During our three year Eucharistic revival in the United States, we know that we need stronger faith in the Eucharist. I wonder, however, if it will be hard to strengthen the faith of Catholics if we do not truly embody what we believe. Words alone will not suffice. We must manifest what we believe by our actions and live out our faith more robustly. Jesus gave us the Eucharist to transform us into his body and to be a leaven for the whole world. The Eucharist is a call to mission to spread the Gospel and renew our civilization.
Who can save civilization? There is only one person ultimately who can do it: God, who has made Himself present to us in the Incarnation and continues to do so in the Eucharist. He is the answer and remedy for every problem that society and man faces. The difficulty is, however, that Jesus does not necessarily want to save civilization. He does not care about all of the structures that we have built up per se. He cares about each and every soul living in the world. He did not come into the world for the sake of civilization. He came into the world for our sake.
He does want us, through the power of His grace, to do our part in serving others and building up a world that focuses more on what truly matters. As we have seen in Jesus’s teaching on the Sermon on the Mount, if we focus on God first, then everything else will fall into place. The Eucharist can help us to save the world, although not in the way we may expect. We should not care about civilizations for their own sake—the power and wealth of nations—but as a vehicle for making the world more human in the truest sense: a civilization of love that promotes the true flourishing of the human person. It is not that civilization doesn’t matter. It is true, of course, that a good civilization should help us to live a good life and a bad one will do the opposite. Christians do, therefore, need to work to transform the world in Christ. Salvation, however, remains our first priority, and only through union with Christ will our work have effect in changing the world.
It may sound overly pious to point to the Eucharist as the means of healing and rebuilding civilization, although what could serve as a more powerful source than God’s own presence in the world? The Mass, therefore, lays out its own plan for renewal. The Eucharist literally contains what is most needed for renewal—in our own lives, yes, but also for our society. It is a real plan. How did Christians withstand the Roman Empire? How did we rebuild culture in the Dark Ages? What stood in the center of the culture of Christendom? Why has the Church not simply died out under the persecutions of countless modern revolutions, like so many had predicted? In all of these cases, there is the same answer, one which we could still say to the world, quoting Jesus’s enigmatic saying to His disciples: “I have food to eat of which you do not know” (Jn 4:32). This is the food that gives life, a life that the world does not know about but which it desperately needs.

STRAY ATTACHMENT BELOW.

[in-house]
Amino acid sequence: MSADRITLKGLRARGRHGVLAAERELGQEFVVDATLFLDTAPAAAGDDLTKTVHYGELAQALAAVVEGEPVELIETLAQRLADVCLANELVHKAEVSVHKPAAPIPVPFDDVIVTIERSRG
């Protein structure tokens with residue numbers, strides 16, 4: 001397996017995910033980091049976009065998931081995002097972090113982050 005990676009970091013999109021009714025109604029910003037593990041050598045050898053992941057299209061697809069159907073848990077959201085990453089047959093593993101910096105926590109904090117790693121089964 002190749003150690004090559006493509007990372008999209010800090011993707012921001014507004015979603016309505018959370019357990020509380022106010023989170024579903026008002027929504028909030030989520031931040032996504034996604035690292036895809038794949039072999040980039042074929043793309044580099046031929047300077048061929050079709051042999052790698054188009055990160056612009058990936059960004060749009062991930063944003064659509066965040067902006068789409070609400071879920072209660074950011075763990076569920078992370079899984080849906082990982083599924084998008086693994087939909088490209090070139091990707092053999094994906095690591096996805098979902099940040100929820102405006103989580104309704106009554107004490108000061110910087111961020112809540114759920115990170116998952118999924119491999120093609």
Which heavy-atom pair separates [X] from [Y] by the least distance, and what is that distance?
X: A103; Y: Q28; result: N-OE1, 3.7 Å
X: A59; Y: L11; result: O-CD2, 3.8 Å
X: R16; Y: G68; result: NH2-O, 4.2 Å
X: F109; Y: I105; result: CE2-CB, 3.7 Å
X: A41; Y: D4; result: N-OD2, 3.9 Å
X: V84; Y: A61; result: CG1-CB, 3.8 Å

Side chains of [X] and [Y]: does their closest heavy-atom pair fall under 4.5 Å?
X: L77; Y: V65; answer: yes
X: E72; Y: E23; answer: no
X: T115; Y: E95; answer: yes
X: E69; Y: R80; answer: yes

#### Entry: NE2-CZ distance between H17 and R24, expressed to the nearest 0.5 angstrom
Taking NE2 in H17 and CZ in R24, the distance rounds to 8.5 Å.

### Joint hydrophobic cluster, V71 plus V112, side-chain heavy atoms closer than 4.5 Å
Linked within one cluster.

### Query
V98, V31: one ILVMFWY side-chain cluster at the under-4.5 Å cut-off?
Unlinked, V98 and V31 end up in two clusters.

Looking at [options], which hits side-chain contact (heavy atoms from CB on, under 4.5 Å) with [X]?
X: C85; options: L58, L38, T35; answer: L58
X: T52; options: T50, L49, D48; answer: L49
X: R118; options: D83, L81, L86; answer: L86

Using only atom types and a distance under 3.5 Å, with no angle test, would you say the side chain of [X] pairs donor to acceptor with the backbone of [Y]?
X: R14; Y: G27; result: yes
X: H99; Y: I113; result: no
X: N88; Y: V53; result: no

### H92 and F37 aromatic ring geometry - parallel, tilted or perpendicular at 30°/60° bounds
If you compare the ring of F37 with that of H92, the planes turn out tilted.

The Eucharist is the greatest force for change. It can and will alter us into other Christs for the world. We are not simply individuals, however, no matter how much the world tells us that we are autonomous. By eating this hidden food, God changes us so that we can, in turn, change the world, spreading the Gospel to every corner of society, not for the glory of the Church or any nation, but for the good of all people. Civilization is not simply the external mechanisms of a society. It is made up of all those living within it. Civilization can be saved by changing and transformation those living within it, by a creative minority or the conversion of multitudes. By transforming our lives, He will begin the work of transforming our family, our parish, our work, and, over time, even our civilization.
The Eucharist truly provides life for our soul and our way of life, or “culture.” It is not enough to believe in the Eucharist, or even to receive this sacrament regularly. Jesus wants the Eucharist to reshape our humanity, to transform who we are and how we live every day, and even to save our civilization. This Eucharistic revival is a time not just to strengthen our belief. It is a time to begin living the Eucharist as the center of our lives. This will set a whole process of transformation in motion in the world, driven from the Lord’s presence within us.